Bill Anderson Country Music Hall of Fame Exhibition

It’s a powerful thing to be immersed in the 84-year-old (and more) journey of “Whispering” Bill Anderson through his new exhibition Country Music Hall of Fame and Museum – especially if you can do it with the man. himself.

It was our experience Thursday, as the Country Music Hall of Famer introduced us to the brand new “Bill Anderson: As Far as I Can See”, which will run until March 19, 2023 at the Nashville Museum.

Along with the hand-written lyrics, rhinestone costumes, guitars, and boots, you get a glimpse into Anderson’s life before country stardom – when he embarked on journalism, baseball, and on. had a brief career in radio. Here is what caught our attention.

Bill Anderson points to a photo on the wall entering the exhibit, laughing as he notices

A 1958 Martin D-28 guitar that Anderson called his “second voice”: “They had this one on display in the window with the Hank Snow Music Center on Church Street,” Anderson said, looking through the glass as he might have done over 60 years ago.

“And I kept going through it and seeing it. $ 185 was a lot of money for a kid making $ 50 a week. But luckily I got some royalty money from ‘City Lights’ and was able to buy this guitar.

He led to many other hits, including “Po ‘Folks”, “Still” and “Mama Sang a Song”, and he featured several album covers. It’s been a long time since Anderson played it regularly, but he added, “Maybe one day when we finish this exhibit, I’ll take it down and see if it has another song in it.”

Bill Anderson highlights Josh Waddlesforth McDuck, co-host of his radio shows in Georgia since the start of his career in Anderson's new exhibit titled

His former radio co-host (a squeaky toy from Donald Duck): The rubber duck was originally owned by a DJ friend from Madison, Georgia, who made fun of it on the air. When he moved to a larger station, he had to tidy up the childish things and gave the duck to Anderson. He took him to his radio concert in Commerce, GA and named him “Josh Waddlesforth McDuck”. The perfect middle name came out of a listener contest.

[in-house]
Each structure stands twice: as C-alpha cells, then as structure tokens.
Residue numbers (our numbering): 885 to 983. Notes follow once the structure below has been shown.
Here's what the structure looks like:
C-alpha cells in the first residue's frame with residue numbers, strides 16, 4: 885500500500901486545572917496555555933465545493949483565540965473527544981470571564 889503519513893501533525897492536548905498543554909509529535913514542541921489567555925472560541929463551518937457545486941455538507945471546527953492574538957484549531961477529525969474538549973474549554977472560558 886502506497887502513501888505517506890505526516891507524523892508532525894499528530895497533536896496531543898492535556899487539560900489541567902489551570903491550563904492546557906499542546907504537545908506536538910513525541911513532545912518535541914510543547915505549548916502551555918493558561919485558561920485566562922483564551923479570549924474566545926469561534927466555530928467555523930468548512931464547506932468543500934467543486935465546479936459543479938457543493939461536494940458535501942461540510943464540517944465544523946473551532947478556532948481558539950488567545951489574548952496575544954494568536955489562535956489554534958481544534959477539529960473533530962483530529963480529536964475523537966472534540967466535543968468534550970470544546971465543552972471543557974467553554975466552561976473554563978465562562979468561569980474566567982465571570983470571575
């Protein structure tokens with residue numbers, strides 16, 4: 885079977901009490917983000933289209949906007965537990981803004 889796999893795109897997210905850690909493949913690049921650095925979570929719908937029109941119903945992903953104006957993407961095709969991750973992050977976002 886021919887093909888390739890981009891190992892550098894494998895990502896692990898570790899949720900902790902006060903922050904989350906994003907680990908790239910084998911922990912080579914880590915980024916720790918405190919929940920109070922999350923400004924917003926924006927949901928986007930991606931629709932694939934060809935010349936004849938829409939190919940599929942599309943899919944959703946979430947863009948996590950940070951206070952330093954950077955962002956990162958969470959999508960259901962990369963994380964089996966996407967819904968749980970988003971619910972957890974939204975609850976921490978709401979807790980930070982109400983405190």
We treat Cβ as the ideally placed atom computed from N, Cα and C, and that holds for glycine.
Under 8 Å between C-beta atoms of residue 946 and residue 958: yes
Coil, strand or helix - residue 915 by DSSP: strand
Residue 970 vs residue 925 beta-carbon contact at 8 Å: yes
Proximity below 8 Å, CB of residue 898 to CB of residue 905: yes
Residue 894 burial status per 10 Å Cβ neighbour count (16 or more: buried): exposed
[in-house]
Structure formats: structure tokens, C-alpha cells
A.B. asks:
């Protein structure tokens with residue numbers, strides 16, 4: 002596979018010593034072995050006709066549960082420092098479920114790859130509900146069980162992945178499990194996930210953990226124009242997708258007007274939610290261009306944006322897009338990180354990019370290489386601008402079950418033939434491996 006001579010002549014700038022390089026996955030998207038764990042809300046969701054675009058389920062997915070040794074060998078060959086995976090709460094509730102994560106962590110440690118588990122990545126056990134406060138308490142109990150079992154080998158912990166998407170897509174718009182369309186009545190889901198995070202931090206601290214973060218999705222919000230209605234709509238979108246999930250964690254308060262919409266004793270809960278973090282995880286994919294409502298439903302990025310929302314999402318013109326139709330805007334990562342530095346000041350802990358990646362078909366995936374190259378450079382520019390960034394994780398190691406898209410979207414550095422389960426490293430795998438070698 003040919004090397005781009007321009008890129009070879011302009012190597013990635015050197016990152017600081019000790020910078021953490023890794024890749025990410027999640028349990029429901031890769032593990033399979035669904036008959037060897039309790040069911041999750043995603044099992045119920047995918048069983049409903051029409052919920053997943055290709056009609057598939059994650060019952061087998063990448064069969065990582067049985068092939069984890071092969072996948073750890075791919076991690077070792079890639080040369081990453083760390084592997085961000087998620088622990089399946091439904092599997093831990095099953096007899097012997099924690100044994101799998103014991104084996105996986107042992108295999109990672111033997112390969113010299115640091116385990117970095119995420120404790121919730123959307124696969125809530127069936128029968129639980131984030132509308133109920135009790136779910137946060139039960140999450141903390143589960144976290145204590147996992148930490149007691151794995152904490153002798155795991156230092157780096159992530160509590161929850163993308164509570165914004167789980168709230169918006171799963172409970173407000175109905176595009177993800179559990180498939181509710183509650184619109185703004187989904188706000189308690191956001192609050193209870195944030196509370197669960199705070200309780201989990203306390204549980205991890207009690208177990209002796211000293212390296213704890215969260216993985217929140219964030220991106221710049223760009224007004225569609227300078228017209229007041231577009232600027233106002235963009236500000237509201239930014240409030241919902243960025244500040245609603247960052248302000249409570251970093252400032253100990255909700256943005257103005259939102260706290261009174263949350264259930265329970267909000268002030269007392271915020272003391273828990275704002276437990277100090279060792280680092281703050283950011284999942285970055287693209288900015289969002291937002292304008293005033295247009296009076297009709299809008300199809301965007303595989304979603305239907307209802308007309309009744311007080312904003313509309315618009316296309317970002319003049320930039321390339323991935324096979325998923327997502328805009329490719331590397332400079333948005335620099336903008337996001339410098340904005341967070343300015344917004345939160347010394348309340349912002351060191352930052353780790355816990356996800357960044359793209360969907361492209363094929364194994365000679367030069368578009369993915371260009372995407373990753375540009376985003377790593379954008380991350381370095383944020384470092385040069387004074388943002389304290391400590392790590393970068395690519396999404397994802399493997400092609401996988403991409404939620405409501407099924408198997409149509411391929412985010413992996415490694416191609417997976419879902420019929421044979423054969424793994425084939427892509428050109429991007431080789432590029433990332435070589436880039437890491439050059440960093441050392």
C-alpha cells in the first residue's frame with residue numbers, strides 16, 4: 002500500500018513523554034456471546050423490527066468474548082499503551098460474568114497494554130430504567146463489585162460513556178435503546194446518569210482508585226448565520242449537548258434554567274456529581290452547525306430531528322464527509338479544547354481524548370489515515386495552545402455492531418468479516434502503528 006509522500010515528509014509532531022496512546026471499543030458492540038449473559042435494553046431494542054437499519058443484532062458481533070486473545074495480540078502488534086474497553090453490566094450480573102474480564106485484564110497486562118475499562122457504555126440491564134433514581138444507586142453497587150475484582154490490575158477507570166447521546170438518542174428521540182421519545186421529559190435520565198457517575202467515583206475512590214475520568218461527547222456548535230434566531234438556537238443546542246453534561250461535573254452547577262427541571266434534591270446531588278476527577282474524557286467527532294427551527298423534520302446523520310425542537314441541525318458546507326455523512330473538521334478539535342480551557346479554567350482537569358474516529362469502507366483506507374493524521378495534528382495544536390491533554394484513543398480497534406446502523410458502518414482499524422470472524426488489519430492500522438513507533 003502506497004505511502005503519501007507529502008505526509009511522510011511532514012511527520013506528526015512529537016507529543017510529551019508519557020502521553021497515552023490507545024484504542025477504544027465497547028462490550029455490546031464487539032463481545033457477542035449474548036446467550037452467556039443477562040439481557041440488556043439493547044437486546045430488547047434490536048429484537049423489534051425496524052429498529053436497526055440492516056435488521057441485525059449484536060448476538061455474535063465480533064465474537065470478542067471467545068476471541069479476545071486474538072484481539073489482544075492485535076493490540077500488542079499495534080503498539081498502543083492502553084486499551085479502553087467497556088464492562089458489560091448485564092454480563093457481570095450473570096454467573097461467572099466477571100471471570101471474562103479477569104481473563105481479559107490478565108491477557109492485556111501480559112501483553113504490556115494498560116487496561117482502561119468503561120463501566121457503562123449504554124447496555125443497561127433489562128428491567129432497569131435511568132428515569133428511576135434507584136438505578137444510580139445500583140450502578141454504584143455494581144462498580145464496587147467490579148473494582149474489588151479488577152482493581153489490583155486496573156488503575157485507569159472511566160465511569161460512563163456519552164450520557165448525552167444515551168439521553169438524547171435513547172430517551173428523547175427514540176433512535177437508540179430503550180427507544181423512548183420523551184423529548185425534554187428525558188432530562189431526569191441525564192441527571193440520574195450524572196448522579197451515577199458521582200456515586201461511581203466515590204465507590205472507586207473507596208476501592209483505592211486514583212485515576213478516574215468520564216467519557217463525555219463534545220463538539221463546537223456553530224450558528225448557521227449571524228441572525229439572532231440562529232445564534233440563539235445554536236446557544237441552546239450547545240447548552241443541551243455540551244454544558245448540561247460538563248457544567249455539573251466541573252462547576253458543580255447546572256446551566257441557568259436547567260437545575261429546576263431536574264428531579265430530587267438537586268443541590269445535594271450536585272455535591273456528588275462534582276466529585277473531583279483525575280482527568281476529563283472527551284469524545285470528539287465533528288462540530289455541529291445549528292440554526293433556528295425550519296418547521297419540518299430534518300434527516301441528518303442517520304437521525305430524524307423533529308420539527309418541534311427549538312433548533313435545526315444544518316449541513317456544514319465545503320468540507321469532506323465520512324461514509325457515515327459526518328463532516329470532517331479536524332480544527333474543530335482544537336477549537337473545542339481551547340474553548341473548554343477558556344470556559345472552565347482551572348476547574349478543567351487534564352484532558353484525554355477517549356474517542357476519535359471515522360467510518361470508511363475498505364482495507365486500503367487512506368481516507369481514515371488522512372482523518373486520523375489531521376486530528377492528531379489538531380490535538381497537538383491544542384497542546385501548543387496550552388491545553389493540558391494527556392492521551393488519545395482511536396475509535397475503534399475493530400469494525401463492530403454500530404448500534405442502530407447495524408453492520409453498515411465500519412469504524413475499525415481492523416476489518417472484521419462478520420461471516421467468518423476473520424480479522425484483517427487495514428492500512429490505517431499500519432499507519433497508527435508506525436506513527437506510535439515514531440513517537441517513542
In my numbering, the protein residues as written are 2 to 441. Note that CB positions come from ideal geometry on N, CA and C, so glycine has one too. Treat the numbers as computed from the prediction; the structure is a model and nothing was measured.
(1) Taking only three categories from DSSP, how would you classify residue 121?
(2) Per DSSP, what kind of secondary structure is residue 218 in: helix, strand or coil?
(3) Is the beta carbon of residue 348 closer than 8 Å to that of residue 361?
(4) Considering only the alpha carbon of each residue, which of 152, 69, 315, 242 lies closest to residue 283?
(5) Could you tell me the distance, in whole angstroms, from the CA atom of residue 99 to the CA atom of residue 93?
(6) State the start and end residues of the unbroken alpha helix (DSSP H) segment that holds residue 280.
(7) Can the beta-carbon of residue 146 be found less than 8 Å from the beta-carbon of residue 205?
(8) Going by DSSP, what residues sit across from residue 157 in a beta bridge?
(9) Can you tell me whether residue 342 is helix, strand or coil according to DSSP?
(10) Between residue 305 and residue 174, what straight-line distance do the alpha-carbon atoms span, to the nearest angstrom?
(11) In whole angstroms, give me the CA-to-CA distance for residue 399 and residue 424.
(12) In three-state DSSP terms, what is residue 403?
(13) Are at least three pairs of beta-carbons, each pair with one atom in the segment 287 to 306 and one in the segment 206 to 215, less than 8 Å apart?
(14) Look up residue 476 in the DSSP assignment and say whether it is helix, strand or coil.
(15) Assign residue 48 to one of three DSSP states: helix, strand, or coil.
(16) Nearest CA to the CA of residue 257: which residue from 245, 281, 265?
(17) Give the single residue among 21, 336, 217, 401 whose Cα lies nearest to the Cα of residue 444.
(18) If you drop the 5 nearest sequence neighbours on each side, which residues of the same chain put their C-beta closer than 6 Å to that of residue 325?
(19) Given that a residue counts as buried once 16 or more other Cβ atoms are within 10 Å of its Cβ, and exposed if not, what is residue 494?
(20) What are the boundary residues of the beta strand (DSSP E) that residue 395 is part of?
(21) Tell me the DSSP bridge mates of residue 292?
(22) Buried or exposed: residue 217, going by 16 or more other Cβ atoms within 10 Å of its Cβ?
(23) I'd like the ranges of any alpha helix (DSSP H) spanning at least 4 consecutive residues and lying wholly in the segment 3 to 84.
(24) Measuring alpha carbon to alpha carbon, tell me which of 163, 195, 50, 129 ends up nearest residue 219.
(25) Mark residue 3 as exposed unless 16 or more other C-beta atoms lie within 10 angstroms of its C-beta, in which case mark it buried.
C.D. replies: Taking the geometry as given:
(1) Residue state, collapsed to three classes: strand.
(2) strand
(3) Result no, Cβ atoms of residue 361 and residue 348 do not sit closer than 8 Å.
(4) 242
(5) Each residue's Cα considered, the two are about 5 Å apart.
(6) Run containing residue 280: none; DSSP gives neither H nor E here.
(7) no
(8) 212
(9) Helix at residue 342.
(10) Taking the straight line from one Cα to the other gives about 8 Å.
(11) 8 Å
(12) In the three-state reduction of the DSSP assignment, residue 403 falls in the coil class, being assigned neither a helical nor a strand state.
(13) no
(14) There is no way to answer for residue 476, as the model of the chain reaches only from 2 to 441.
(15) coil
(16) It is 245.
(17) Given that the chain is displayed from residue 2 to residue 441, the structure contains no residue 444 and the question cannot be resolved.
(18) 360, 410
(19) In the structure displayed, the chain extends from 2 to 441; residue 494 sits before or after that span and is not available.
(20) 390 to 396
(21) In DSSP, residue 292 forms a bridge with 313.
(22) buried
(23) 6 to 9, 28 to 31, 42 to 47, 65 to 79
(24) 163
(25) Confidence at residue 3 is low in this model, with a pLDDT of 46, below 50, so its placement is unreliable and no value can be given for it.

When Anderson was on the air he said, ‘I would have Josh and I would say to him, well, hey, Josh, how are you today? “Squeak, Squeak! “Oh, didn’t you sleep well last night?” I would interpret whatever the duck said. I had to remove the duck at one point because he started getting more fan mail than me. I won’t let any stupid rubber ducks steal my thunder! “

We are happy to report that Anderson and McDuck have since reconciled.

“The first thing I said when I got down – and I had no idea he was going to be here – I said, ‘Well, mate, we made it.'”

His high school baseball glove: “My God, look at that thing,” Anderson said, looking at the Rawlings glove he used to pitch for the Avondale High School baseball team.

“I bet if you could wring this thing out, it would have a quart of beef foot oil in it.”

Bill Anderson examines cards describing his career and life in a gold text quote in Anderson's new exhibit titled

The style that suits her: You’ll see decades of rhinestone studded costumes from SA Formann, Nudie’s Rodeo Tailors, and Manuel Cuevas. “He’s so creative and has been for years,” Anderson said of Cuevas.

“Most of the time, I’m just going to let him go with this.” I could choose a color. I have a bit of a branded collar style, even on the one I’m wearing right now.

Pencil marks remain where Bill Anderson scraped off the lyrics, left there during the songwriting process, at the new exhibit for Anderson titled

Award-winning words: Two of the costumes on display are the ones Anderson wore to two separate CMA Awards ceremonies, where he won Song of the Year for “Whiskey Lullaby” in 2005 and “Give It Away” in 2007. And sitting right under those costumes is Anderson’s hand. -wrote the lyrics to these award-winning songs.

“I just feel closer to the song, I guess, if I write it with my pencil,” Anderson said. “I never write with a pen. You can’t erase it! I’m sure you can find gum (marks) all over this thing.

“Bill Anderson: As Far as I Can See” runs until March 19, 2023 at the Country Music Hall of Fame and Museum. To find out more, visit countrymusichalloffame.org

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